School now boasts smudge room near entry
M’CHIGEENG – Staff and students at Manitoulin Secondary School (MSS) welcomed a small slate of guests and Rainbow District School Board (RDSB) executives to the school this past Friday, November 6, to commemorate the grand unveiling of newly completed renovations at the high school, most notably the OneKWE/Kwest sculpture outside the main entrance doors and the smudge room next to the lobby.
“It is a bit upsetting to have to keep today’s event to small numbers (due to COVID-19 gathering size restrictions), because this is a huge celebration for Manitoulin Secondary School, the Island and RDSB,” said MSS principal Jamie Mohamed at the start of the ceremony around the outdoor sculpture.
As shared in the September 2 edition of The Expositor, MSS has recently undergone a multi-year, $5.5 million renovation project that saw visual enhancements and transformations to its student-facing spaces, as well as plenty of behind-the-scenes overhauls to systems including its electrical and plumbing networks.
The outdoor remarks began with Grade 12 student Savanah Eshquib delivering an acknowledgement of the Three Fires Confederacy, who are the traditional inhabitants of the lands on which MSS stands.
Mr. Mohamed thanked the many guests who attended the grand unveiling, including elder Josh Eshkawkogan, RDSB Manitoulin trustee Margaret Stringer, RDSB First Nation trustee Linda Debassige (who is also ogimaa-kwe of M’Chigeeng), RDSB capital projects manager Sandi Ackroyd, superintendent of schools Kathy Wachnuk and education director Norm Blaseg.
“We’re very excited to be here today to be able to celebrate and open the newly renovated areas for students, staff and the Island community,” said Mr. Mohamed.
“Today is a good day. We were a bit delayed from our opening time, but that’s okay because things happen when they need to,” said Trustee Debassige, who mentioned the board’s reconciliation plan.
“We have to acknowledge our past, recognize our future and move forward in a good way together,” she said.
Trustee Debassige said it was important to acknowledge the deeper significance of the renovations, rather than the new spaces themselves, and thanked RDSB for creating physical reminders of important teachings.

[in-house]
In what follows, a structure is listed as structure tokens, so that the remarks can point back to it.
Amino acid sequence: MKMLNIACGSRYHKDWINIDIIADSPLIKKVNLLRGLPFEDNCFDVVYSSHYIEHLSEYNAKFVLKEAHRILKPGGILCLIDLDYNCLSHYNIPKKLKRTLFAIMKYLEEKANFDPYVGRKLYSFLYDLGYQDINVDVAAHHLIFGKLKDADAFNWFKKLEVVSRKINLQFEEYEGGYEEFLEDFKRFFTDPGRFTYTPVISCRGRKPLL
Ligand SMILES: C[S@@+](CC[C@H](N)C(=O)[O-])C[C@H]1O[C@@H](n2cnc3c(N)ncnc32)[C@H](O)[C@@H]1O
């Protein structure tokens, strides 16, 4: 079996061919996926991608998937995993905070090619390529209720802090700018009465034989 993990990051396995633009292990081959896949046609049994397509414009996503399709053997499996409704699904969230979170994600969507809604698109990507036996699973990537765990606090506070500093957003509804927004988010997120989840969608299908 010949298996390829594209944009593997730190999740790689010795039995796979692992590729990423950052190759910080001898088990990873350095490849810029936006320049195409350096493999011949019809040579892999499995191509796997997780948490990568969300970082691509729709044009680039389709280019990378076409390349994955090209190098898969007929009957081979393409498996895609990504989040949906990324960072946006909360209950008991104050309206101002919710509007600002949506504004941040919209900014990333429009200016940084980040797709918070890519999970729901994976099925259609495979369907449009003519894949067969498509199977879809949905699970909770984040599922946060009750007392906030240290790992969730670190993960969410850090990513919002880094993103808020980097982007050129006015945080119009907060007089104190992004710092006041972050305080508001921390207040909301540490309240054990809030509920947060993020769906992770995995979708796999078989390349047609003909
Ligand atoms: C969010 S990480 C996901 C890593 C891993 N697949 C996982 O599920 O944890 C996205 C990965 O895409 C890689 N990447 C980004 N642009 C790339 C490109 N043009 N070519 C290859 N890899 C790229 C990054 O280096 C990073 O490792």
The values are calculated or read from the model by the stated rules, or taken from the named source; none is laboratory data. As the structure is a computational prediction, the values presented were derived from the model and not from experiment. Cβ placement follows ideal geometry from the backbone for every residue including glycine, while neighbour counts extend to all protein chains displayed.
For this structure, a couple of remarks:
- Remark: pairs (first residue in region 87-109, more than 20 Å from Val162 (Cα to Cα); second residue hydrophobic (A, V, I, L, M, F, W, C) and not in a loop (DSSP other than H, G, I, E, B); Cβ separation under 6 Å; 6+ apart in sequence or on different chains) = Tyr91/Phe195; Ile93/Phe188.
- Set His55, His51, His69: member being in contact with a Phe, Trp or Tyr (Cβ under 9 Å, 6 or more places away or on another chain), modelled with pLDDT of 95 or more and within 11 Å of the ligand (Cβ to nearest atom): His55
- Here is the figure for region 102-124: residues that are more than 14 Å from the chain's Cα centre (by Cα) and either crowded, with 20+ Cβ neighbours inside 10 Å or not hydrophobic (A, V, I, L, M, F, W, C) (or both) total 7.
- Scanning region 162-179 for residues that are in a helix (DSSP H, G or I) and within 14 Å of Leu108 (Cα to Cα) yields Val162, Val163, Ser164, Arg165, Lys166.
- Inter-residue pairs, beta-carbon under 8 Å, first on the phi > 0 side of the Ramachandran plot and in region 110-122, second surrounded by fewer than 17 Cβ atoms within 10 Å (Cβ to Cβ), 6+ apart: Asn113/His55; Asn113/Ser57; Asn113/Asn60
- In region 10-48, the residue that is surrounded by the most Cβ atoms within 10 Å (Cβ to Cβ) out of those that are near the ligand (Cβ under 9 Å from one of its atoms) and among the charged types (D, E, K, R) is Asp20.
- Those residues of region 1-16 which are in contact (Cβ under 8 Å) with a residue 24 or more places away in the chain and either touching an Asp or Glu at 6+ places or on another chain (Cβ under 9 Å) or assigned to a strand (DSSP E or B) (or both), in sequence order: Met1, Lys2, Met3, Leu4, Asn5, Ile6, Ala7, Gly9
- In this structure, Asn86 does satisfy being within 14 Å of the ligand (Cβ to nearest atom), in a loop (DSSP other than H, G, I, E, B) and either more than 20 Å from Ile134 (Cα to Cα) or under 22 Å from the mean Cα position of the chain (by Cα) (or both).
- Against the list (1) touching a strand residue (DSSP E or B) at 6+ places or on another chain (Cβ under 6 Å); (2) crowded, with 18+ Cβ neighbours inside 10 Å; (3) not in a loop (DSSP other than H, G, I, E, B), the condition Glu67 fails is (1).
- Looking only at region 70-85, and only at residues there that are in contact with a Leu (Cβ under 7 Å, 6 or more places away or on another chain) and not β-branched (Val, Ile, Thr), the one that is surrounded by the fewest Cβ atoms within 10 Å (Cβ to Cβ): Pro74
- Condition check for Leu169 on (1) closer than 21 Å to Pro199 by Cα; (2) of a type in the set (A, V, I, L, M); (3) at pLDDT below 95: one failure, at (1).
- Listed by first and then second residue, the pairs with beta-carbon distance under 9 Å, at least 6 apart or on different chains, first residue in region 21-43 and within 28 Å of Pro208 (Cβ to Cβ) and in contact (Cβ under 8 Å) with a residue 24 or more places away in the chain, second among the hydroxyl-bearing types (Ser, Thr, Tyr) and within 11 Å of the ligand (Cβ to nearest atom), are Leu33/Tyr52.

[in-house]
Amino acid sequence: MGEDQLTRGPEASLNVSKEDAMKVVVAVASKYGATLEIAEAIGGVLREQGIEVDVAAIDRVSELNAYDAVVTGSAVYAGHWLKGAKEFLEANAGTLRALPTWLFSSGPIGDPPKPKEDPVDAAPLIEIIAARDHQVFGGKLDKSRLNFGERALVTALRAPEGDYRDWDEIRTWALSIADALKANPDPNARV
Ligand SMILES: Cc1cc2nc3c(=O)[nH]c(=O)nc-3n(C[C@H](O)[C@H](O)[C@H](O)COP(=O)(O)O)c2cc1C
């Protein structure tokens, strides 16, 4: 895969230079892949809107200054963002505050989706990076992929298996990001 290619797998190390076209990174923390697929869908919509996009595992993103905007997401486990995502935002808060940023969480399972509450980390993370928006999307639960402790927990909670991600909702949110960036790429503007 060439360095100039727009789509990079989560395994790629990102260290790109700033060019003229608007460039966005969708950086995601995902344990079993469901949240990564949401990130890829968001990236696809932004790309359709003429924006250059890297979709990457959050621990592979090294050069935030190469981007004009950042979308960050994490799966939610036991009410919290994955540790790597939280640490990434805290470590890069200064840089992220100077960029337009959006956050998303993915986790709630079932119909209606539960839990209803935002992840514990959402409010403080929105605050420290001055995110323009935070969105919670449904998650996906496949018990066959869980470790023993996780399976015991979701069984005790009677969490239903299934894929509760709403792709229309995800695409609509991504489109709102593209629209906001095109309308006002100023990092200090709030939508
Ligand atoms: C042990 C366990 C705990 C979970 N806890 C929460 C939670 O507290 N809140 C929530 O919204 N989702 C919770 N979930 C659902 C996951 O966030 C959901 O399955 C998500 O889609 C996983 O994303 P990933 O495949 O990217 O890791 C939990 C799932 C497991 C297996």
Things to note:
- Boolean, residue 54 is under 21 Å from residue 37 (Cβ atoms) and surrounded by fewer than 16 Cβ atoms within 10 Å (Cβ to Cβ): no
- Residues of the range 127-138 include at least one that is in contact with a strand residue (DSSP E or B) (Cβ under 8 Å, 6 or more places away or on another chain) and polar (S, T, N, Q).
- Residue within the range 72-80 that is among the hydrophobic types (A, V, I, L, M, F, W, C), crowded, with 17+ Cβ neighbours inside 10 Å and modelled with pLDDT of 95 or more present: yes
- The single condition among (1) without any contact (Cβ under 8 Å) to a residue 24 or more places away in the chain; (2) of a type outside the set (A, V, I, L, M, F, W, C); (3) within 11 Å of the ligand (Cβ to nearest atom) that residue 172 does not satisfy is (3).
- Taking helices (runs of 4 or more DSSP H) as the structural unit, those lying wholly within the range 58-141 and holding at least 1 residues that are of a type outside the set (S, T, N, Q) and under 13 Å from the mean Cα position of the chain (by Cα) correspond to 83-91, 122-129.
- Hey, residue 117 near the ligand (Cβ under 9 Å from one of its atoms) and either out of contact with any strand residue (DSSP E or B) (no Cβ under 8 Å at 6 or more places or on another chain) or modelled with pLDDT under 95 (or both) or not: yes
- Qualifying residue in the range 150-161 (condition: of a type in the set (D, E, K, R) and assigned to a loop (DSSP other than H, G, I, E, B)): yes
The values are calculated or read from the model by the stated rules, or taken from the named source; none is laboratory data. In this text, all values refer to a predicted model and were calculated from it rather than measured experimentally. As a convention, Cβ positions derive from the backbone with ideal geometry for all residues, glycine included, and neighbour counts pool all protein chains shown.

“Every day is a step in your journey. Every day is a choice you can make for your future,” she said. “Walk in kindness, compassion and respect.”
Trustee Stringer spoke next, thanking the students and staff for their hard work and patience to seeing the project on the 51-year-old school through to completion despite the challenging state of the world.
“This school is truly representative of the community that it serves. The revitalization of (MSS) reflects its rich past, its proud present and its promising future, and I want to thank everyone involved—from students to staff, community members, elder Josh (Eshkawkogan) and the artists—in helping this vision become reality,” said Trustee Stringer.
She gave special kudos to Ms. Ackroyd for including diverse voices in the planning project and bringing people together for the common goal of a positive transformation of the school.
Mr. Eshkawkogan offered some teachings about the significance of change and how the spaces would contribute to that effort during a smudge of the outside sculpture.
Mr. Mohamed then invited a smaller number of guests to reconvene inside in the new sacred fire and smudge room, where Mr. Eshkawkogan furthered his teachings about change and the seven sacred directions. Another smudge took place as seven students created medicine bundles, which were then brought together as a single unit tied with sweetgrass braids.
Mr. Eshkawkogan also led a pipe ceremony inside the smudge room and gave teachings about the interactions between the sacred fire and water.
Following the smudge, those in attendance got an invite to move into the adjacent room for some light refreshments before the day’s events concluded.
“I know in the next few years when the pandemic is over, the community will see the value and the merits of this redefinition of MSS,” said Mr. Blaseg, the director of education. “I hope we can celebrate all living together and use these spaces as a jumping-off point in the spirit of mutual respect.”
He cited Manitoulin’s demographics, a near-even split between Indigenous and non-Indigenous residents, as a key factor as to why the Island was the ideal place to include a space such as this within a school.
“It’s a great opportunity to bring the Island together with all the richness this will bring,” he said.
Although the public will not be able to immediately enjoy the new spaces at the school, with all outside events being cancelled for the foreseeable future during the COVID-19 pandemic, the school executives said they hoped to welcome community members as soon as it is safe to do so.